It is by no means a coincidence that an explosion of knowledge about the human genome has occurred simultaneously with huge breakthroughs in computing capability and information technology. Sequencing the genome, after all, depended on being able to digitize the representation of the nucleotides in DNA. The genome’s mechanisms of operation involve intercellular messaging that has intriguing analogues in electronic communication. At a conceptual level, the genome and the computer operating system are by now firmly established as rich and relevant metaphors for each other.

So it was delightful but not altogether surprising to find amid last week’s extraordinary trove of new genomic research the use of computer “subroutines” as a metaphor to explain a body of emerging knowledge about “the complex patterns of dispersed regulation” that now challenge the scientific community’s understanding of what genes are and how they work.

“Given that counting genes in the genome is such a large-scale computational endeavor and that genes fundamentally deal with information processing, the lexicon of computer science naturally has been increasingly applied to describing them,” Yale University’s Mark Gerstein and colleagues write in Genome Research. “Insofar as the nucleotides of the genome are put together into a code that is executed through the process of transcription and translation, the genome can be though of as an operating system for a living being.”

Metaphors are nice, but they don’t make headlines. And in a sense, the release of twenty-nine papers last week describing the work of the ENCODE consortium wasn’t news, either. Gerstein’s paper, for example, summarized a body of work that has been coming out continuously since the first full genome sequencings were completed in 2001 and even before, and which is already familiar in the field. And perhaps any of us, even without an advanced degree in computational biology, might have suspected intuitively that “junk” DNA would turn out to be a misnomer.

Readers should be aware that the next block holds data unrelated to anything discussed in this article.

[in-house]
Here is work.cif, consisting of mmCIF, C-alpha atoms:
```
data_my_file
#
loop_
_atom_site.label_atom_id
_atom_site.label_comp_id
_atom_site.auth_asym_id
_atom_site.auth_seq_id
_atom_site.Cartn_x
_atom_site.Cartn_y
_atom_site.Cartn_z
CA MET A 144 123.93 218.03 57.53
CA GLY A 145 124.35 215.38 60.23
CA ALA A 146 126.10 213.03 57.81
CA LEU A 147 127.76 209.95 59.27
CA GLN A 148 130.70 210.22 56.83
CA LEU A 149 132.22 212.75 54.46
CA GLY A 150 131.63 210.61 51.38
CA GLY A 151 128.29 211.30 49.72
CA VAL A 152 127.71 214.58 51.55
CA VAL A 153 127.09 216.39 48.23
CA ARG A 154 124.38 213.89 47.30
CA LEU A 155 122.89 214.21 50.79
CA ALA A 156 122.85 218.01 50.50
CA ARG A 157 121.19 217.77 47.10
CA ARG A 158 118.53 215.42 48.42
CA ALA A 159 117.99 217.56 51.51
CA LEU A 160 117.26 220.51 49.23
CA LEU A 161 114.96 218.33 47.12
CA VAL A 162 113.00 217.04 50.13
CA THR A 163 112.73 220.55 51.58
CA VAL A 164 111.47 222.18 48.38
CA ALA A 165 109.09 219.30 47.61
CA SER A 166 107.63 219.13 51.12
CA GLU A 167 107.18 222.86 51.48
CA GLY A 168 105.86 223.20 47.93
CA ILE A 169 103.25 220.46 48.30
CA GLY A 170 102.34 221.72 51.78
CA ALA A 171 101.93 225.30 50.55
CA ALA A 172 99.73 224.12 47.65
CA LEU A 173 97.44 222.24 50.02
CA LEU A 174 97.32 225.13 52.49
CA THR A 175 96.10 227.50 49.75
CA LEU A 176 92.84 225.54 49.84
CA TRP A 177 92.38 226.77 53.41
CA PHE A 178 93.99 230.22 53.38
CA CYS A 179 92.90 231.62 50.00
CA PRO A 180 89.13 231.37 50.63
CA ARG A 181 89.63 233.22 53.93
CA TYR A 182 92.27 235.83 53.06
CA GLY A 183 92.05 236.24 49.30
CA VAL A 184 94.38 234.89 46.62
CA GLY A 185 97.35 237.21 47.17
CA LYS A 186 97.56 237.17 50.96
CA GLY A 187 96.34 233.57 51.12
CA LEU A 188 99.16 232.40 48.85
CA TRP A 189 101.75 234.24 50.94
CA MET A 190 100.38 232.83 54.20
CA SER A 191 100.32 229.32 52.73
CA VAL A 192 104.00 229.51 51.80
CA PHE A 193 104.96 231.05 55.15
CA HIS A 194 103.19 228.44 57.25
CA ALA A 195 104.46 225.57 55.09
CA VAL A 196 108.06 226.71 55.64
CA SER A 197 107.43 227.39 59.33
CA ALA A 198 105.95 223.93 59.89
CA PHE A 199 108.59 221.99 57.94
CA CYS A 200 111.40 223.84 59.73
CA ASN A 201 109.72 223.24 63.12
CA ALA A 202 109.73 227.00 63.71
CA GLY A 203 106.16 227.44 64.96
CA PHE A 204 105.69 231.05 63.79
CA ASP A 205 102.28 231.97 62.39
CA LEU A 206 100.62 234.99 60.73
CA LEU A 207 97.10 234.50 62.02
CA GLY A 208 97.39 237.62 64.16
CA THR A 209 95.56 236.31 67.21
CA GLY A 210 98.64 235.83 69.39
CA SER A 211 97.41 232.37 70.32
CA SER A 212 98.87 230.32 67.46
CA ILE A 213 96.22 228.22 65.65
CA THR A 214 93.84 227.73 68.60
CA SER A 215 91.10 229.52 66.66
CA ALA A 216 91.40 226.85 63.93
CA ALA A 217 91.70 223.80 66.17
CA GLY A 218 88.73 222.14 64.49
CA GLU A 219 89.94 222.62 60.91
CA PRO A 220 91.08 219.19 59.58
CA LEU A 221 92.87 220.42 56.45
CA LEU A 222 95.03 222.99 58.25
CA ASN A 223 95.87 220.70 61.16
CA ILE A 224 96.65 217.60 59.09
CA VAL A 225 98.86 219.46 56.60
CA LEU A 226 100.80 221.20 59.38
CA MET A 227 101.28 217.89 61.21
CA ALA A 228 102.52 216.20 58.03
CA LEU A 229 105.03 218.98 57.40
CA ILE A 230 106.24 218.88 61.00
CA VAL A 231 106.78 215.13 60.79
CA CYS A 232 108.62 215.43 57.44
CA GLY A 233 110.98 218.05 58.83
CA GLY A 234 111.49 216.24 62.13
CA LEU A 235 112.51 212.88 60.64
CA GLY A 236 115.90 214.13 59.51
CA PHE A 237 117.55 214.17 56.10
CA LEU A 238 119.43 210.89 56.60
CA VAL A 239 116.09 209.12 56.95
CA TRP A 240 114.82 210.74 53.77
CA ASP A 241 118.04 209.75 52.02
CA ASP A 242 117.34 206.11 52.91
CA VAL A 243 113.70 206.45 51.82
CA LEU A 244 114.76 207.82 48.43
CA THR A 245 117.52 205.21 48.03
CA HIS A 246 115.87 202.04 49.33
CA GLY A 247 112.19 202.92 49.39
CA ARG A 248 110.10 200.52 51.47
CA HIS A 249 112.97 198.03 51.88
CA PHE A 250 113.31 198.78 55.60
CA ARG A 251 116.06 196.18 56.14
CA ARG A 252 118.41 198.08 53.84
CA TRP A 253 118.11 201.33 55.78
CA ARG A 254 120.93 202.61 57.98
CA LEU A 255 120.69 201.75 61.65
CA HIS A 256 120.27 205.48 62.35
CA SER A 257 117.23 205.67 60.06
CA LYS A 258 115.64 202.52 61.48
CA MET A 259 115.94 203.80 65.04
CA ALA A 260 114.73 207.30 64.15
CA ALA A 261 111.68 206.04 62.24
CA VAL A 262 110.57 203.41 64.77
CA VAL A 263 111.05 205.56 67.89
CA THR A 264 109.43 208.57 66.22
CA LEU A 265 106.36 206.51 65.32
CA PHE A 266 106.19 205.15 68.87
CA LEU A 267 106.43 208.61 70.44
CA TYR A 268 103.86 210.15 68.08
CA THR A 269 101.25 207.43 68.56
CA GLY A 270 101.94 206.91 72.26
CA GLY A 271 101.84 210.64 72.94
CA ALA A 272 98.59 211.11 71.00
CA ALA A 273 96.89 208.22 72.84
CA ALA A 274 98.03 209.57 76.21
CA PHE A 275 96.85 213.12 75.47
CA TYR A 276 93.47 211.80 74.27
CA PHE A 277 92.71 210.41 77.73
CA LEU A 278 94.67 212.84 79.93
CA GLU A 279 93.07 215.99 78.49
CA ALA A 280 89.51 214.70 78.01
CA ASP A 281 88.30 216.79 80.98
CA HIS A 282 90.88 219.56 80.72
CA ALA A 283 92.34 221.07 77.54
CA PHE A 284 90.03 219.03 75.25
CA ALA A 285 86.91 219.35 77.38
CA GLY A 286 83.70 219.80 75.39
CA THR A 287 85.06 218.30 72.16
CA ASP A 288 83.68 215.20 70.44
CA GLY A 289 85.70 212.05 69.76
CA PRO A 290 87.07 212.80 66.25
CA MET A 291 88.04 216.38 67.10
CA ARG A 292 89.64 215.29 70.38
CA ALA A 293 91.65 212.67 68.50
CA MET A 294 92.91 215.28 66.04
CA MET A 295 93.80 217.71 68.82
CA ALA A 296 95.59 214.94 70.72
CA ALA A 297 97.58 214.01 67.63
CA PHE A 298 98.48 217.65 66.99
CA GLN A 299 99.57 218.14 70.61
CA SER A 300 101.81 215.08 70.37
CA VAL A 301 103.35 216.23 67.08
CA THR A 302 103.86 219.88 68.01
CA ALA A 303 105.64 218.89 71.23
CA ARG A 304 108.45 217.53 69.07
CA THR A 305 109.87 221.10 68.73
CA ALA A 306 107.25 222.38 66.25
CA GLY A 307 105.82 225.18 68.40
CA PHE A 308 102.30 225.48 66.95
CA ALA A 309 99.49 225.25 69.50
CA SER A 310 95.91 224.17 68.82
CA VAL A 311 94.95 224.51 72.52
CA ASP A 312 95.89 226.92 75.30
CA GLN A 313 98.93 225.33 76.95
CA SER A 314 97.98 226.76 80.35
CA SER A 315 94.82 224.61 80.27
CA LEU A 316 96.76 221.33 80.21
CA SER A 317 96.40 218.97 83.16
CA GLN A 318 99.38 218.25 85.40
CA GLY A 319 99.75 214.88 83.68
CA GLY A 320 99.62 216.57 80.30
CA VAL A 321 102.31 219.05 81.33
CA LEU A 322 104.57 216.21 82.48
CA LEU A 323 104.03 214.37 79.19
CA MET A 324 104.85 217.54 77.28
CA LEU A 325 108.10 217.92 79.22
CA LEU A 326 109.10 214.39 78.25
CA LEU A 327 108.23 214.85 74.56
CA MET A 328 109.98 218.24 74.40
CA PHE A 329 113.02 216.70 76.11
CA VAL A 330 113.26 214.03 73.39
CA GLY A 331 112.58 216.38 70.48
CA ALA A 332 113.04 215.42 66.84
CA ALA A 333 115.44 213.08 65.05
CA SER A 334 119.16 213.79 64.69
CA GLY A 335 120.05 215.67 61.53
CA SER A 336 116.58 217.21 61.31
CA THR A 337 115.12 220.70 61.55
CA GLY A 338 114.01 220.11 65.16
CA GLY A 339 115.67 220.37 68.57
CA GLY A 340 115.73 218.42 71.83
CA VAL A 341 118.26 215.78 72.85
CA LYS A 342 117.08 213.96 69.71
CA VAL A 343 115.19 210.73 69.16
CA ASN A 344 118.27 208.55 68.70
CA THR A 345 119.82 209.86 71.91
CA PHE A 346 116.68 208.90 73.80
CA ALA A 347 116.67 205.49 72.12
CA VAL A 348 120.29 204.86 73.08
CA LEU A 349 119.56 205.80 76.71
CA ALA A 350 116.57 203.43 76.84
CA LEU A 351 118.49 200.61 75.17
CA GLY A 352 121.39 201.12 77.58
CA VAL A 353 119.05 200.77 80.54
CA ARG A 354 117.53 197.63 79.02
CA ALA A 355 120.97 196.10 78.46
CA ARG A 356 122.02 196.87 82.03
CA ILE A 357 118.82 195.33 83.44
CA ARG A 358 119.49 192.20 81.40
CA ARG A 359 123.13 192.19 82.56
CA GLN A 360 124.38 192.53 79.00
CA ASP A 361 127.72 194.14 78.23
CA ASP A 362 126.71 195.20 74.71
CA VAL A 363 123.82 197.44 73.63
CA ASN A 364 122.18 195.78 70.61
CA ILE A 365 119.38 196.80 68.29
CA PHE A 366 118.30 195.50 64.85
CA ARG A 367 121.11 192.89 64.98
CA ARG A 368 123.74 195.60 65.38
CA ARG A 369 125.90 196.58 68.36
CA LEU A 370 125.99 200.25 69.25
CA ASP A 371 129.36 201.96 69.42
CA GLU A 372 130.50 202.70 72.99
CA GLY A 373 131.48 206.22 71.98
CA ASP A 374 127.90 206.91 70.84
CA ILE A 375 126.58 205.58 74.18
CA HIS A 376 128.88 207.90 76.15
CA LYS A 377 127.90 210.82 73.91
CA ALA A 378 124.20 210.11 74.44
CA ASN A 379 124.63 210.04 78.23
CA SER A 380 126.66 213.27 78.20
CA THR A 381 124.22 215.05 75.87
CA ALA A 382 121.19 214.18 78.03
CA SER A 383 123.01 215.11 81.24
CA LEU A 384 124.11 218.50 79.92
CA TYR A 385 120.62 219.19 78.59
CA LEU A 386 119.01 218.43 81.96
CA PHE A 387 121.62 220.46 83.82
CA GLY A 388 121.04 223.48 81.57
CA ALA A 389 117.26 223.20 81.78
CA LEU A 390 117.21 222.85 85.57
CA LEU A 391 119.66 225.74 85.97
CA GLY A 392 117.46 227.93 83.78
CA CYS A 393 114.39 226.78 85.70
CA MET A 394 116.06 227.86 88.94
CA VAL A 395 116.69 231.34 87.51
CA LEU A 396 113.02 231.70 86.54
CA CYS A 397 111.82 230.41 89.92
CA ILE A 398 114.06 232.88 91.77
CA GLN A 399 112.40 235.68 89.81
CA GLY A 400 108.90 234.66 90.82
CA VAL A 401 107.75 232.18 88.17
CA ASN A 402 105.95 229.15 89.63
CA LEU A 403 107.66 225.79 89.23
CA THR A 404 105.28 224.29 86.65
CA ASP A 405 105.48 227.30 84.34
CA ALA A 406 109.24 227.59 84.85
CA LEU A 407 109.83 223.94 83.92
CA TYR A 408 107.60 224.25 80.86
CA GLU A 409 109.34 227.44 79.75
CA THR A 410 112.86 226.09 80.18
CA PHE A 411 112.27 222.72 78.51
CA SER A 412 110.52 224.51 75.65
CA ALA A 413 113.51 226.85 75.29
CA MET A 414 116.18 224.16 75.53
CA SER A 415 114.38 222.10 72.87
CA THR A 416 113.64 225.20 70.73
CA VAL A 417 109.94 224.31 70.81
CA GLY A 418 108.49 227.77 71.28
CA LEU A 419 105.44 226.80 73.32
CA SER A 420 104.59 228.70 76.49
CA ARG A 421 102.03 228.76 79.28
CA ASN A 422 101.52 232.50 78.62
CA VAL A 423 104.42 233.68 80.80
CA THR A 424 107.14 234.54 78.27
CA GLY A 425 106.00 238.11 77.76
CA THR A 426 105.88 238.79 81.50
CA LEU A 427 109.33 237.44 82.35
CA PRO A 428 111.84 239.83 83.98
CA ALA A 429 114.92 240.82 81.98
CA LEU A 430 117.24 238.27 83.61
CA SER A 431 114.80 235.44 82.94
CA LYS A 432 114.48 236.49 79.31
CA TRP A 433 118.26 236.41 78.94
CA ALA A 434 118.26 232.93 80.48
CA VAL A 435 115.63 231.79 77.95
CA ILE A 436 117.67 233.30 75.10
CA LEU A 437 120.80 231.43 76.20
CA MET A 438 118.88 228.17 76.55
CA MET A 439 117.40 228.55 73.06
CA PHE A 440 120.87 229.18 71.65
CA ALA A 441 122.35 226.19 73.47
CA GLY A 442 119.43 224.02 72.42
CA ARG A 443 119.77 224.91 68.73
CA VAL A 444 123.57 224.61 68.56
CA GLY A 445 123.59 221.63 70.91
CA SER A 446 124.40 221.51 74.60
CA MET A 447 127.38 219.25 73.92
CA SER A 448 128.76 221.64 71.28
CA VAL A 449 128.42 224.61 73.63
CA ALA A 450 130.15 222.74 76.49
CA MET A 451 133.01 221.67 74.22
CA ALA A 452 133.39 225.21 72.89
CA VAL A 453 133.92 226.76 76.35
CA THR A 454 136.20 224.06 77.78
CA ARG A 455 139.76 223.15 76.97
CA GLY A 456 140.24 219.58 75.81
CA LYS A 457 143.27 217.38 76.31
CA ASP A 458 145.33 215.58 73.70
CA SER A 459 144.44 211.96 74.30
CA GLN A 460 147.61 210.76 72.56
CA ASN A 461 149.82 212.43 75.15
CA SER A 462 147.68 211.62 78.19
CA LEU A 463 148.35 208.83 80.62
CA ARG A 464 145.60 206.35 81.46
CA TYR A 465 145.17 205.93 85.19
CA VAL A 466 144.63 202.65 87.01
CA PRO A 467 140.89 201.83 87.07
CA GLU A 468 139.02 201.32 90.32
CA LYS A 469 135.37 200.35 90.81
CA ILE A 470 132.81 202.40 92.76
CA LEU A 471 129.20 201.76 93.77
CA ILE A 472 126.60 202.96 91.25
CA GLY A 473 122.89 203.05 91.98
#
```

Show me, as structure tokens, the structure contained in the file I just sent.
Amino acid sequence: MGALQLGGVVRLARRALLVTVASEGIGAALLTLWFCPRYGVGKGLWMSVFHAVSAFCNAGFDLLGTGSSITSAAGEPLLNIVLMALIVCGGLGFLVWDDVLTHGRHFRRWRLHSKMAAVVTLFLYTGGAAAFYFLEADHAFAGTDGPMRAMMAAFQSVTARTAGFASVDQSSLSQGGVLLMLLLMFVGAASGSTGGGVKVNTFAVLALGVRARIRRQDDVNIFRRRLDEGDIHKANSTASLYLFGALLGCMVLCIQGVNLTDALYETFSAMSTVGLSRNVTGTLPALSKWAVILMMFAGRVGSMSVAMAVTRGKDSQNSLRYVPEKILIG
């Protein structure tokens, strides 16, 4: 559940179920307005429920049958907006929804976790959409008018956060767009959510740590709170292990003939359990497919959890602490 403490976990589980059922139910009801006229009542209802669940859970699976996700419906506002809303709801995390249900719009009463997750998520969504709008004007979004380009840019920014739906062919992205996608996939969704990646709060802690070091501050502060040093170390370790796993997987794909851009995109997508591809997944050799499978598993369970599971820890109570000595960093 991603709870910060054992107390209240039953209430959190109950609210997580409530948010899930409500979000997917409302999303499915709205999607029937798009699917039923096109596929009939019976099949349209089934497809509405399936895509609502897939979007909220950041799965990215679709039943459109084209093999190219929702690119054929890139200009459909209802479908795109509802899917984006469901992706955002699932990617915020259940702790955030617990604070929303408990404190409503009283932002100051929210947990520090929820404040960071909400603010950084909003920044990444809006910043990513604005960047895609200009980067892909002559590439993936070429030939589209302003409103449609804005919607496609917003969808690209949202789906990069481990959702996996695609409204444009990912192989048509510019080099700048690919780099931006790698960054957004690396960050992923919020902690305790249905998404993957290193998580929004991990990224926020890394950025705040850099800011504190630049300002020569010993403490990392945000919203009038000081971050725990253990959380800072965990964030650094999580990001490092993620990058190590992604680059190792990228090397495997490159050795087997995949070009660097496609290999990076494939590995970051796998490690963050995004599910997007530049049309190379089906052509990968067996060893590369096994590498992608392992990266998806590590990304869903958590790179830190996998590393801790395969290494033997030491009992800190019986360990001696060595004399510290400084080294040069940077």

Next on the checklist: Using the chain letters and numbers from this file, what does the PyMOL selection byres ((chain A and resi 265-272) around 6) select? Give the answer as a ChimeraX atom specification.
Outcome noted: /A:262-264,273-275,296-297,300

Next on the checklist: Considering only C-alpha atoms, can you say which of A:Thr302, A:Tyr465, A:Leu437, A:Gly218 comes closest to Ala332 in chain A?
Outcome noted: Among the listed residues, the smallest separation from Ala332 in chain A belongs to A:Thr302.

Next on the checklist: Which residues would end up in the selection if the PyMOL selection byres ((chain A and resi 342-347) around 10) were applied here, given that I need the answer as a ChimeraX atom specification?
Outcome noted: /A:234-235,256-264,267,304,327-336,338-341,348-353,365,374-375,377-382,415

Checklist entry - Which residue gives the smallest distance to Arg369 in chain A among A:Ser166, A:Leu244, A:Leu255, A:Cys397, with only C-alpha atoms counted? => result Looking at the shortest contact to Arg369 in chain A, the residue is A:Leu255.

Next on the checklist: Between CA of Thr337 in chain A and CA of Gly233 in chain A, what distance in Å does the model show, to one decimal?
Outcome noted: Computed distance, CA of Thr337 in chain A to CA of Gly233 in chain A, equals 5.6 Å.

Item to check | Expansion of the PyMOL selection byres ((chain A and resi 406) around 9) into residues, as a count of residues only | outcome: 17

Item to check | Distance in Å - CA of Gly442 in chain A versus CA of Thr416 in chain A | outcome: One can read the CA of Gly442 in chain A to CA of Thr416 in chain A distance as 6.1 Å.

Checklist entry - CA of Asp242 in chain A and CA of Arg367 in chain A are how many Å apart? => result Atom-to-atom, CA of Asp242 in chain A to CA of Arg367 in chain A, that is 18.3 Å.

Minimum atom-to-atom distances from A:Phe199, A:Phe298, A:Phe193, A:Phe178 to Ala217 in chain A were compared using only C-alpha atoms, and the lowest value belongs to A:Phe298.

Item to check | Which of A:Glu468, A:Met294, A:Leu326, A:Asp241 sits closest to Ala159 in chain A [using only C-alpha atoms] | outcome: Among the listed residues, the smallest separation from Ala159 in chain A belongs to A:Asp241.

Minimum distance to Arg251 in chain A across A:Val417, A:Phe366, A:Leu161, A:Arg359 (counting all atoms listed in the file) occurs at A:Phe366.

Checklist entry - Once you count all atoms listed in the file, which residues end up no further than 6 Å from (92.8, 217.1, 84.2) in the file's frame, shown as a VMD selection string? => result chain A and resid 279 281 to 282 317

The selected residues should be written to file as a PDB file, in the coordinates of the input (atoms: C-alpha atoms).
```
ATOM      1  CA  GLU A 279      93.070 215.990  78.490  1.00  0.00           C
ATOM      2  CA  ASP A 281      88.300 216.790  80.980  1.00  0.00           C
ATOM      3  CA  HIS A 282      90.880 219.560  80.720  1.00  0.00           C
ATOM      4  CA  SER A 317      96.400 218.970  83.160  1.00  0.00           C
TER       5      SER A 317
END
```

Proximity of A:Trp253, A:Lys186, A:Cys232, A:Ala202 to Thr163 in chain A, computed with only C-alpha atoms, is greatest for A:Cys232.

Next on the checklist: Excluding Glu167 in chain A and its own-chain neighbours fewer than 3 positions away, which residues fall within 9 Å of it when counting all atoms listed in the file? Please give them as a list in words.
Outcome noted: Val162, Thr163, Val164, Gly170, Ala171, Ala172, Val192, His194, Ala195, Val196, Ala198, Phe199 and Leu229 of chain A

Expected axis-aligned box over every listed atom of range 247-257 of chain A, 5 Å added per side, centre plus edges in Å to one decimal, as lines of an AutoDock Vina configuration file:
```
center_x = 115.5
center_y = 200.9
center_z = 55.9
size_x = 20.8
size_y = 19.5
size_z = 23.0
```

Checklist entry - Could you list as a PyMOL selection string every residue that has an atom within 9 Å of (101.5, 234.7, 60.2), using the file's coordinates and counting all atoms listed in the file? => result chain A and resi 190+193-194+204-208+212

But it is news, or it should be, that the extravagant expectations triggered by the 2001 breakthrough must now officially be tempered with the understanding that the intricacies of the genome will humble before they exalt. “It’s a lot more complicated than we thought,” said Francis Collins, who was on the podium when the sequencing was announced and again last week.

Briefly stated (or not so briefly, in overview articles in Genome Research and Nature), the ENCODE project has found that unannotated regions of the genome previously thought to be more or less inert in fact perform a wide variety of signaling and regulating functions, and that the activity of these intergenic regions produces permutations and combinations of gene messaging that are almost infinitely denser and busier than the previous model based on more discrete genetic form and function would suggest.

The unmistakable implication, from the point of view of both basic science and medical applications, is that the more we learn, the less we find out that we know. Thomas Gingeras, for example, devotes the better part of an entire article, cited above, to “transcripts of unknown function,” or TUFs. The genome “is an elegant but cryptic store of information,” says an open-access article in Nature authored corporately by the consortium. The authors continue:

“At present, we have an incomplete understanding of the protein-coding portions of the genome, and markedly less understanding of both non-protein-coding transcripts and genomic elements that temporally and spatially regulate gene expression. To understand the human genome, and by extension the biological processes it orchestrates and the ways in which its defects can give rise to disease, we need a more transparent view of the information it encodes.”

So the flood of medical miracles that genome sequencing seemed to presage will have to wait. In fact, the consensus in the ENCODE consortium seems to be that we’re not even sure any more what the definition of a gene really is. In the meantime, whatever else it turns out to be, the genome makes a terrific metaphor. Think of the blogosphere, for example, where products attach, overlap, replicate, and regulate each other, from near and distant regions, with astonishing prolixity. TUF stuff.